iOS Wi-Fi Management APIs
Q: On iOS, how can my app scan for nearby Wi-Fi networks?
A: iOS does not have a general-purpose API for Wi-Fi scanning and configuration. However, there are a number of special-purpose APIs, and one of these may be appropriate for your product. Specifically:
NEHotspotHelper — If your app helps the user navigate a hotspot (a Wi-Fi network where the user must interact with the network to gain access to the wider Internet), you should look at NEHotspotHelper, part of the Network Extension framework. See the Hotspot Network Subsystem Programming Guide for details.
NEHotspotConfigurationManager — iOS 11 adds the NEHotspotConfigurationManager API, also part of the Network Extension framework, which supports two use cases:
An app that interacts with a Wi-Fi based accessory and wants the iOS device to temporarily join the accessory’s Wi-Fi network
An app that wants to add a specific Wi-Fi network to the user’s list of known networks
Both of these scenarios require explicit user approval.
For more details, see WWDC 2017 Session 707 Advances in Networking, Part 1.
Accessory configuration — If you want to configure an accessory to join the user’s local network (for example, you’re creating a companion app for a set of wireless speakers and the goal is to get those speakers on to the user’s home network), you have two options:
Wireless Accessory Configuration (WAC) — To learn more about WAC, watch WWDC 2013 Session 700 Designing Accessories for iOS and OS X, which introduced the technology, and WWDC 2014 Session 701 Designing Accessories for iOS and OS X, which describes enhancements made in iOS 8 that let you configure a WAC accessory from within your app.
HomeKit — You can ask the system to scan for, pair and configure any unpaired HomeKit accessories by calling the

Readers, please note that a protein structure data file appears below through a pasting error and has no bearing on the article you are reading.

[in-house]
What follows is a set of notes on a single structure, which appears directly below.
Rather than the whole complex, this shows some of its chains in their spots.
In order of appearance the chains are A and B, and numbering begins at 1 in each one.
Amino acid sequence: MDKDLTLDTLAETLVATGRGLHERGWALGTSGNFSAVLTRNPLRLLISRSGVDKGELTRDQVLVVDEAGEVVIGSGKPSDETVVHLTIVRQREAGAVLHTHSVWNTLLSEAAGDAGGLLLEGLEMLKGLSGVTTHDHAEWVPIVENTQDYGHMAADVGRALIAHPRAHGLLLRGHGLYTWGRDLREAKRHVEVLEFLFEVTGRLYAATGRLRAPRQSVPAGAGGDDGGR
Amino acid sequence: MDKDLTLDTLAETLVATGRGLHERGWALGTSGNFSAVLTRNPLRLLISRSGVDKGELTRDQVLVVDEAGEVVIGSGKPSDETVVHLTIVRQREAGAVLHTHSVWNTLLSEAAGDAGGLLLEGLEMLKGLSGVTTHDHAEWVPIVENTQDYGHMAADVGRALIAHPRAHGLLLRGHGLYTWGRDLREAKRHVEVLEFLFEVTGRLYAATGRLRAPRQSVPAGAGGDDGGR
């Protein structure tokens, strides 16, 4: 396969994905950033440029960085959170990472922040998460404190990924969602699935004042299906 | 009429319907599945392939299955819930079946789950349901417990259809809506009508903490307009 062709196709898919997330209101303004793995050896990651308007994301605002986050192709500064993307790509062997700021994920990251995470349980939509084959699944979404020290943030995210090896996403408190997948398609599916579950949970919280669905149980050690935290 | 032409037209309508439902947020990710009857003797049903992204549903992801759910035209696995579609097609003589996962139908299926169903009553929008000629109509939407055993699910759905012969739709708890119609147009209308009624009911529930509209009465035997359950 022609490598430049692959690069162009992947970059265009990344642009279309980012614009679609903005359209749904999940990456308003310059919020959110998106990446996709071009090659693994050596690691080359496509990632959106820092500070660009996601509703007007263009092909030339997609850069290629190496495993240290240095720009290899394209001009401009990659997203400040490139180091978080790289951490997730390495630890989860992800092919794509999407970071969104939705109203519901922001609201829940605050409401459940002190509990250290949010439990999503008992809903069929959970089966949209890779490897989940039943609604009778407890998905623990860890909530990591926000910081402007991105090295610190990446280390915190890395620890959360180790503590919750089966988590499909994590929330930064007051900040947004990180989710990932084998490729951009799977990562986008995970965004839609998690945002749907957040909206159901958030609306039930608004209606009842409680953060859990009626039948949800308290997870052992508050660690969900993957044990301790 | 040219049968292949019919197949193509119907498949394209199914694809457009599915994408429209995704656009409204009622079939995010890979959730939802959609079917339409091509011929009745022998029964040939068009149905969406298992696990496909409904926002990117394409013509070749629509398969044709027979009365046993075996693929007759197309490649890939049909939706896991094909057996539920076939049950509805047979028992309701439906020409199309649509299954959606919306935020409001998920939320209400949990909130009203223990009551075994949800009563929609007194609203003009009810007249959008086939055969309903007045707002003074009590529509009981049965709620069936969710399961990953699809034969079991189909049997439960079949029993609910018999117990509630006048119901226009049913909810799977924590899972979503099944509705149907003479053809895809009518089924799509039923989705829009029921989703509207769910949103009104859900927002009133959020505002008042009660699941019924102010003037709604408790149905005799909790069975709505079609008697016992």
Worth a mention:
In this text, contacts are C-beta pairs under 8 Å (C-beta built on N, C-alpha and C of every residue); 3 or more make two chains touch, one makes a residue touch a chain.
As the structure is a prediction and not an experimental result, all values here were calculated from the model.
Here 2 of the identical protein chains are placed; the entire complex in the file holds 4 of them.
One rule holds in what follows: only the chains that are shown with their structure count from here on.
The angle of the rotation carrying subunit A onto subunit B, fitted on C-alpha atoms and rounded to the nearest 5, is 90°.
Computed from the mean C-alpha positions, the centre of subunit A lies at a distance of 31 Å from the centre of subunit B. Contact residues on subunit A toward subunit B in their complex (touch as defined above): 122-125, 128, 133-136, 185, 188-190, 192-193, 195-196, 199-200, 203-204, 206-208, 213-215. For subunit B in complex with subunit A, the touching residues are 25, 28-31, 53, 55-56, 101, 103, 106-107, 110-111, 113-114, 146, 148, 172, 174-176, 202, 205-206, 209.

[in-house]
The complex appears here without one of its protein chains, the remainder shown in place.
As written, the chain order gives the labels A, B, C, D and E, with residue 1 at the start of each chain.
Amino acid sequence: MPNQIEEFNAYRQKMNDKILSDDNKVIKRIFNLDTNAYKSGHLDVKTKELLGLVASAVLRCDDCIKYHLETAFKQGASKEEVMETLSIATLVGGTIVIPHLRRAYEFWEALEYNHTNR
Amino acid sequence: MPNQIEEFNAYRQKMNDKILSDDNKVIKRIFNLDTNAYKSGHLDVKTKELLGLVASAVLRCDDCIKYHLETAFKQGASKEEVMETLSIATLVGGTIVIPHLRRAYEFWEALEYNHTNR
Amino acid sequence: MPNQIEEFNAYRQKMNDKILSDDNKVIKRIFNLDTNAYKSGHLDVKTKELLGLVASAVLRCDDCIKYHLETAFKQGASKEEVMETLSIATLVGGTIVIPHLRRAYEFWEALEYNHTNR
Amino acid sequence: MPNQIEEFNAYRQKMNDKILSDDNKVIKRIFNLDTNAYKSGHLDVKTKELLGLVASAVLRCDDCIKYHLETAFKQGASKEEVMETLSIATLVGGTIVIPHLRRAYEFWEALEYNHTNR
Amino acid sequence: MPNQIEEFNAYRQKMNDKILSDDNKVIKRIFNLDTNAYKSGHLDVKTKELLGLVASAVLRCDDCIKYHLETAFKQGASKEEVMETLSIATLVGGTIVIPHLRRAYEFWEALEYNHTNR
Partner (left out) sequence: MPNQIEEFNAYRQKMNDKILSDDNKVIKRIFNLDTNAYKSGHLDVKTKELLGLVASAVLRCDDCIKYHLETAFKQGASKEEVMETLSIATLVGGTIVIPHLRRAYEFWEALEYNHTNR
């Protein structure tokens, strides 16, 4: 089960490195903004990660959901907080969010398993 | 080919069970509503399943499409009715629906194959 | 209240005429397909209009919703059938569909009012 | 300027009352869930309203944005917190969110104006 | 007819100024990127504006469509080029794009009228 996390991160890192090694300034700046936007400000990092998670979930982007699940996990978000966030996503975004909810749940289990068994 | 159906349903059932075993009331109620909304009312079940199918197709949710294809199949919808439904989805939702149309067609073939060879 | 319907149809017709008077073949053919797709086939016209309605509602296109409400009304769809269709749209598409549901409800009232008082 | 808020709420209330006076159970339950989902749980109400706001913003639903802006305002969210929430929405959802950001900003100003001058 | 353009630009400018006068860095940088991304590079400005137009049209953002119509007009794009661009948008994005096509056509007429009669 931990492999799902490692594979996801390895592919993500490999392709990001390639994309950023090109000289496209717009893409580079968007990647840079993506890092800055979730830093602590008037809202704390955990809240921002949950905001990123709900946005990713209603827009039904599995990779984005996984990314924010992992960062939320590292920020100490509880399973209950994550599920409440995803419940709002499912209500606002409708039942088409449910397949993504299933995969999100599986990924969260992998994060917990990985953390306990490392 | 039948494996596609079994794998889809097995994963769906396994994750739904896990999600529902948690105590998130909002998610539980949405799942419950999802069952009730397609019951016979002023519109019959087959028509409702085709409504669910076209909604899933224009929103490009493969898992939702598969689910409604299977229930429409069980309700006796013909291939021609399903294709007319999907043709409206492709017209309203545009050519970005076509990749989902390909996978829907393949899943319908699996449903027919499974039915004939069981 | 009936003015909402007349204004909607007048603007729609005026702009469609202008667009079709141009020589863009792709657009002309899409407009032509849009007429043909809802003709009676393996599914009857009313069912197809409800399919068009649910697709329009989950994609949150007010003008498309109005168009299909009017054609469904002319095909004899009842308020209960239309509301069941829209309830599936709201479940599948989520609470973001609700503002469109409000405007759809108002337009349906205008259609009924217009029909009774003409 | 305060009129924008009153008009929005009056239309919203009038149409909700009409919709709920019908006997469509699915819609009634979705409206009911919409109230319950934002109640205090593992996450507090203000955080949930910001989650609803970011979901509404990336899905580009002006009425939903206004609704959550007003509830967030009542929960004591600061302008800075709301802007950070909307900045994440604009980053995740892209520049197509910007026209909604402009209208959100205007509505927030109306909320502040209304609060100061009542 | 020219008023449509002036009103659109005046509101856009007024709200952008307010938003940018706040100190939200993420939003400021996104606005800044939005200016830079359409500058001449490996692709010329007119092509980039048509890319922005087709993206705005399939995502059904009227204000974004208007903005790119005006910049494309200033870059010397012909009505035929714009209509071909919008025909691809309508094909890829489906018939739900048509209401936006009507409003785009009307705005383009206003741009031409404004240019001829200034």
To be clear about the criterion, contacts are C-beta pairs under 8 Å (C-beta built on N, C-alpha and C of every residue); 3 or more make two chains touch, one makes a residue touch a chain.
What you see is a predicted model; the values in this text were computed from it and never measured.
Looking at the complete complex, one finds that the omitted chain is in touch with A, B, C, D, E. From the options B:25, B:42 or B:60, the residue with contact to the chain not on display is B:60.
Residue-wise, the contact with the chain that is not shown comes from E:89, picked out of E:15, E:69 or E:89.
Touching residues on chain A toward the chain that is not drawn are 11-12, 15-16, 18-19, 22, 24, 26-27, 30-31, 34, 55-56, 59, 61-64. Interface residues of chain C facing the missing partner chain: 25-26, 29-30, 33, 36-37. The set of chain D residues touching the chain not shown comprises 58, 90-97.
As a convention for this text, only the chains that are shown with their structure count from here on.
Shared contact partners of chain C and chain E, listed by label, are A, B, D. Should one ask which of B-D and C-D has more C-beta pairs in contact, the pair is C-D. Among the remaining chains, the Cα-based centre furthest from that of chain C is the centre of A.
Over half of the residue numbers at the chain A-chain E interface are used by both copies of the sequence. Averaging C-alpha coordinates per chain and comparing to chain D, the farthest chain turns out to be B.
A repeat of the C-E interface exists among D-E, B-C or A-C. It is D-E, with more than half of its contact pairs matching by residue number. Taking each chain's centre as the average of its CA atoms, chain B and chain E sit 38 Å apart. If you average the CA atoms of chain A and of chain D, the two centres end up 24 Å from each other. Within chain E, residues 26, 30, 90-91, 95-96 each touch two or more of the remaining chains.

addAndSetupAccessories(completionHandler:)method on HMHome. To learn more about this, watch WWDC 2016 Session 710 What’s New in HomeKit.
Peer-to-peer networking — If your goal is to communicate with other nearby devices, you should look at:
Both of these support peer-to-peer networking over both Bluetooth and peer-to-peer Wi-Fi, although in the case of NSNetService you must opt in to that support by settings the
includesPeerToPeerflag, as shown by WiTap.
Location — If you’d like to use Wi-Fi data to determine the device’s location, we recommend you use Core Location. This locates the device using a wide variety of techniques, including Wi-Fi. For more information, see the Maps page on the developer web site.
Current Wi-Fi network — If you’re interested in getting the name of the Wi-Fi network to which the device is currently associated, you can call CNCopyCurrentNetworkInfo, part of the System Configuration framework.
Document Revision History
Added information about NEHotspotConfigurationManager.
New document that summarizes the Wi-Fi APIs available on iOS.